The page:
Sales is an odd profession. Though it is the backbone of American daily commerce, there is that negative connotation to the term “seller,” as well as that fear of “being sold,” as in “being sold down the river.” In reality, bringing a particular product to someone who needs it is a wonderful thing. In this book, the author succeeds in clarifying that true mission of the salesperson, and showing how the seller can better approach the job of selling with verve, resulting in both happy customers and a bigger bank account.
Bly, an independent consultant, salesperson, and author of more than sixty books, contends that the only difference between a good sales experience and a bad one is the personality of the person doing the selling. He does, however, decry the notion that success is possible only for “born” salespeople. In almost every arena, consumers have a myriad of choices—a vast array of products and services, at every price point. Anyone can learn the techniques to attract customers, says Bly.
To that end, he has distilled the “most effective sales strategies” into “The 25 Principles of Magnetic Attraction.” These principles are demonstrated throughout the book’s thirteen chapters, and include: “Whether prospects buy or not is more important to you than it is to them”; “Prospects are magnetically attracted to salespeople who seem willing and able to work within their budget”; “Don’t agonize over a rejection. Move on to the next call”; and “You can’t predict or control how customers react. You can only be prepared to respond to whatever action they take.”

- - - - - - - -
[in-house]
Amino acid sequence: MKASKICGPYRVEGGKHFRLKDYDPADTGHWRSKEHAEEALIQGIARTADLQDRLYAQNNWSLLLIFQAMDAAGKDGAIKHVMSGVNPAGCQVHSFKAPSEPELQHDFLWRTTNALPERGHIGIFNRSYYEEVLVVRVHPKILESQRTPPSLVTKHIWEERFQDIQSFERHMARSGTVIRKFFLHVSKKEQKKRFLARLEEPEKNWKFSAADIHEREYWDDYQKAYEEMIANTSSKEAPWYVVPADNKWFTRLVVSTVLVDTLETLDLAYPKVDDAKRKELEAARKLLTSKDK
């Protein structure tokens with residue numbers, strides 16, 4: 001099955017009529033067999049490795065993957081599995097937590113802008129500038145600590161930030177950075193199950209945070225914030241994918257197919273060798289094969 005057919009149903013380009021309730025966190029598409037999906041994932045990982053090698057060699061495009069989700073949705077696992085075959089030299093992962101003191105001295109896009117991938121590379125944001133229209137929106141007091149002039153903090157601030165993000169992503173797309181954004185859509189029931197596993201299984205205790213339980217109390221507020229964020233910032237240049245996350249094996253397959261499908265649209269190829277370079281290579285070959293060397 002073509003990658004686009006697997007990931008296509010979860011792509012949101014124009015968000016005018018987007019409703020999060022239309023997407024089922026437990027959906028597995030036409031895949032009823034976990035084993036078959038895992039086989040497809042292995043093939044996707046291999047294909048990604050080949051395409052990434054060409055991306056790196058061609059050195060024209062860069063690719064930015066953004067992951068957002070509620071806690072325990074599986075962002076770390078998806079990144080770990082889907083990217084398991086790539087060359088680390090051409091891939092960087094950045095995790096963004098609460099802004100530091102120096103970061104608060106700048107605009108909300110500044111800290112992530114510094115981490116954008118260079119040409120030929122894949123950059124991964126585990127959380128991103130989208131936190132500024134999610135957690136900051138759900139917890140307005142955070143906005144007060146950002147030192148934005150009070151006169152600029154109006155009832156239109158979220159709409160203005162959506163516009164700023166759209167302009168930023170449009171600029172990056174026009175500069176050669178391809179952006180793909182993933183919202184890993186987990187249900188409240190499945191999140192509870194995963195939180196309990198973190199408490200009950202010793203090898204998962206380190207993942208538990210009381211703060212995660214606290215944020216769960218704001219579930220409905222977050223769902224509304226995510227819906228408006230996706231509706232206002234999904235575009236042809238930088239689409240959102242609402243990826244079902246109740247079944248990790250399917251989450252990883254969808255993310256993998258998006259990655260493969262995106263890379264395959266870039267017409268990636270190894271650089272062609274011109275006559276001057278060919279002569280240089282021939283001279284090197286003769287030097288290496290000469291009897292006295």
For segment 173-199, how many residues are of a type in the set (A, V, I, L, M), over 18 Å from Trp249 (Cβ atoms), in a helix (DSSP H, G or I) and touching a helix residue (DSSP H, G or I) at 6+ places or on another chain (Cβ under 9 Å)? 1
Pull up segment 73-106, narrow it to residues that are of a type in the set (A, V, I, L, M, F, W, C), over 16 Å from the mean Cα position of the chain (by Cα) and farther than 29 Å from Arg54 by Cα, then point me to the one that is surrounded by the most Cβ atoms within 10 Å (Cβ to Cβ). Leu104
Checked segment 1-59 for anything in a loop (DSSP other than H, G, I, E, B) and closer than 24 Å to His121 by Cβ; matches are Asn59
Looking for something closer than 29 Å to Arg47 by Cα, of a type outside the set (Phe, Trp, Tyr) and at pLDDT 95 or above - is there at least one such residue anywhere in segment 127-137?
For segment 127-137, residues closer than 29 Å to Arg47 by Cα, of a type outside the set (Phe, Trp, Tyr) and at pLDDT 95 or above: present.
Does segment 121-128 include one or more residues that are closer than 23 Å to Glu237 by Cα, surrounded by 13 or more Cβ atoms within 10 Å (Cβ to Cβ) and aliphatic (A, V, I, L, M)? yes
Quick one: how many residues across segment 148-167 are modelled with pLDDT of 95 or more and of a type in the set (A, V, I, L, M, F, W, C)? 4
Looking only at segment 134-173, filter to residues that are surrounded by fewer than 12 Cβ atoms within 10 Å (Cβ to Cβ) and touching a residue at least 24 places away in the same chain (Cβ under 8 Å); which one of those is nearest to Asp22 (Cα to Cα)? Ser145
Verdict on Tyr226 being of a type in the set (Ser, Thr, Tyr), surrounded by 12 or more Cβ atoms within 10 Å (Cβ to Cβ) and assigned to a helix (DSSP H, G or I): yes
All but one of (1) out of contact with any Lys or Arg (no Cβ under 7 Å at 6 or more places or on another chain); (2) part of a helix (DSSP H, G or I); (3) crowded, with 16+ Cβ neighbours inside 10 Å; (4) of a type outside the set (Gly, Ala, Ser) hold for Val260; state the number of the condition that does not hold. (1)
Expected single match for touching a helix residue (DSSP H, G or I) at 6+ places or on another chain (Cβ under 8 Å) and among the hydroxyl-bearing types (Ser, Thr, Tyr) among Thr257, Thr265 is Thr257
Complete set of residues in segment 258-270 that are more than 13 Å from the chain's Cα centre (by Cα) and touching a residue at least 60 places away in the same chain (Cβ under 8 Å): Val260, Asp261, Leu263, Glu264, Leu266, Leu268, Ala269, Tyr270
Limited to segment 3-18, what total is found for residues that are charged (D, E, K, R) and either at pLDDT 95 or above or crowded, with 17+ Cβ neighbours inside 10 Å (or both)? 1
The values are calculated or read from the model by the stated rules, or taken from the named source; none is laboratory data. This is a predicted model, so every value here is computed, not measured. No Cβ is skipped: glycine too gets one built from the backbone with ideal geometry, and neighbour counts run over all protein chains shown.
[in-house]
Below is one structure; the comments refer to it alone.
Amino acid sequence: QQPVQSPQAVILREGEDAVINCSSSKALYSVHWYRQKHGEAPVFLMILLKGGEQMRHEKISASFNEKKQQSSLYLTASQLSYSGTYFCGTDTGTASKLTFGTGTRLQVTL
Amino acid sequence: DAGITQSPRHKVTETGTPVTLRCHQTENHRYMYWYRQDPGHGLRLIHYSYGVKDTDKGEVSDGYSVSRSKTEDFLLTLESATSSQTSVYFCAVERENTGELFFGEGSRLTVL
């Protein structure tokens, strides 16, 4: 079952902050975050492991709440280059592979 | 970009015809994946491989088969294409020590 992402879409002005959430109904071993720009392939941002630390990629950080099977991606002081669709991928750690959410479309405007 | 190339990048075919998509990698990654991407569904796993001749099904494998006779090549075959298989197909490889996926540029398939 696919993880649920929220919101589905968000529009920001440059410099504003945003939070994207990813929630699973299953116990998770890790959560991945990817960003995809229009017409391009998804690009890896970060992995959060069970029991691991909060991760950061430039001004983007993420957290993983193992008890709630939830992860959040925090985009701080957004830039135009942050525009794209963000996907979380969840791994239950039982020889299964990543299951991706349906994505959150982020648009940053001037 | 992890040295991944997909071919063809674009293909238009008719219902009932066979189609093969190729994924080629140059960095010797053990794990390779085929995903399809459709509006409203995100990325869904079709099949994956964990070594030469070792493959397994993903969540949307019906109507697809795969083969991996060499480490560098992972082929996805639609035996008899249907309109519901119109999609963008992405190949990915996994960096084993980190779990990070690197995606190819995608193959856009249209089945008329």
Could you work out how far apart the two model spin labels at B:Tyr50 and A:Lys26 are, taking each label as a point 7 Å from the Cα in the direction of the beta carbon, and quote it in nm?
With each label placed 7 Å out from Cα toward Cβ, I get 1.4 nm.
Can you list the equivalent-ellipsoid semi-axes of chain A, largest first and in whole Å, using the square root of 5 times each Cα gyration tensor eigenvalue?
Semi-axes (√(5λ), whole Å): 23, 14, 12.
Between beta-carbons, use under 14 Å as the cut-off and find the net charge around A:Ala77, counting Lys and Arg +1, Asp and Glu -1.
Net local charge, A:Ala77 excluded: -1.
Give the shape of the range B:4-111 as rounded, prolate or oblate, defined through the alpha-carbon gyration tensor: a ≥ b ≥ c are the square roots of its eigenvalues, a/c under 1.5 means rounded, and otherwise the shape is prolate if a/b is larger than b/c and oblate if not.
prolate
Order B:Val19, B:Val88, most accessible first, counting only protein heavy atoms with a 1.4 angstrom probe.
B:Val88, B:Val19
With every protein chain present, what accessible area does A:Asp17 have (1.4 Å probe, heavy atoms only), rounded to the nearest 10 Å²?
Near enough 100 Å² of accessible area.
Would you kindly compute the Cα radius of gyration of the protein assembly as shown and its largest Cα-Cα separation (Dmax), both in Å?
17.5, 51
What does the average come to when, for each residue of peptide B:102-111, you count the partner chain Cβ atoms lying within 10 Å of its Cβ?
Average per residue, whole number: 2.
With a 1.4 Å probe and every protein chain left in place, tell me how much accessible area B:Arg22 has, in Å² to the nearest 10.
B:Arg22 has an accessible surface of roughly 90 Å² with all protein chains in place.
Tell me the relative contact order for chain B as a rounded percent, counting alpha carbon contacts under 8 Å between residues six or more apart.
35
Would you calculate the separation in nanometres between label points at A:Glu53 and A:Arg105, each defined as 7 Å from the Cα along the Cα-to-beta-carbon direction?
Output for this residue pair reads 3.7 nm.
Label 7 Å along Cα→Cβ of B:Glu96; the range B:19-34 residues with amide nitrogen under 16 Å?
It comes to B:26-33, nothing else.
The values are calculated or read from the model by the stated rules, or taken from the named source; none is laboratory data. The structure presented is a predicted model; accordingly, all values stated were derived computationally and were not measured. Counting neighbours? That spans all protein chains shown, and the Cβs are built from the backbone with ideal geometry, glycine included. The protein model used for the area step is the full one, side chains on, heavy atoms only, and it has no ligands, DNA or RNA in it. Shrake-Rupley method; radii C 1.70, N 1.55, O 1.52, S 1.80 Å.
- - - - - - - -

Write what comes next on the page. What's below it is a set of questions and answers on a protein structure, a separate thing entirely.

That is the power of this book. For salespeople—and in today’s world, who isn’t a salesperson at one time or another?—the key to success is controlling the factors they can and disregarding the factors they can’t. No one can force people into buying something they don’t need, at least not often enough to have a successful, law-abiding career. Bly says that good salespeople develop a list of prospects, and work to turn those prospects into satisfied customers, over and over again. He discusses how to tackle all aspects of selling, from the more enjoyable, such as uncovering a prospect’s needs, to the least pleasant, such as cold calling and telemarketing.
Real-world examples and advice from sellers and customers are included, as are common behaviors that turn people off, such as not listening, not asking questions, and not being prepared, under the heading “Prospect Repellant.” Bly is an effective cheerleader, and obviously believes in the power of sales, not as Machiavellianism, but as facilitating the win-win that makes the world go round.
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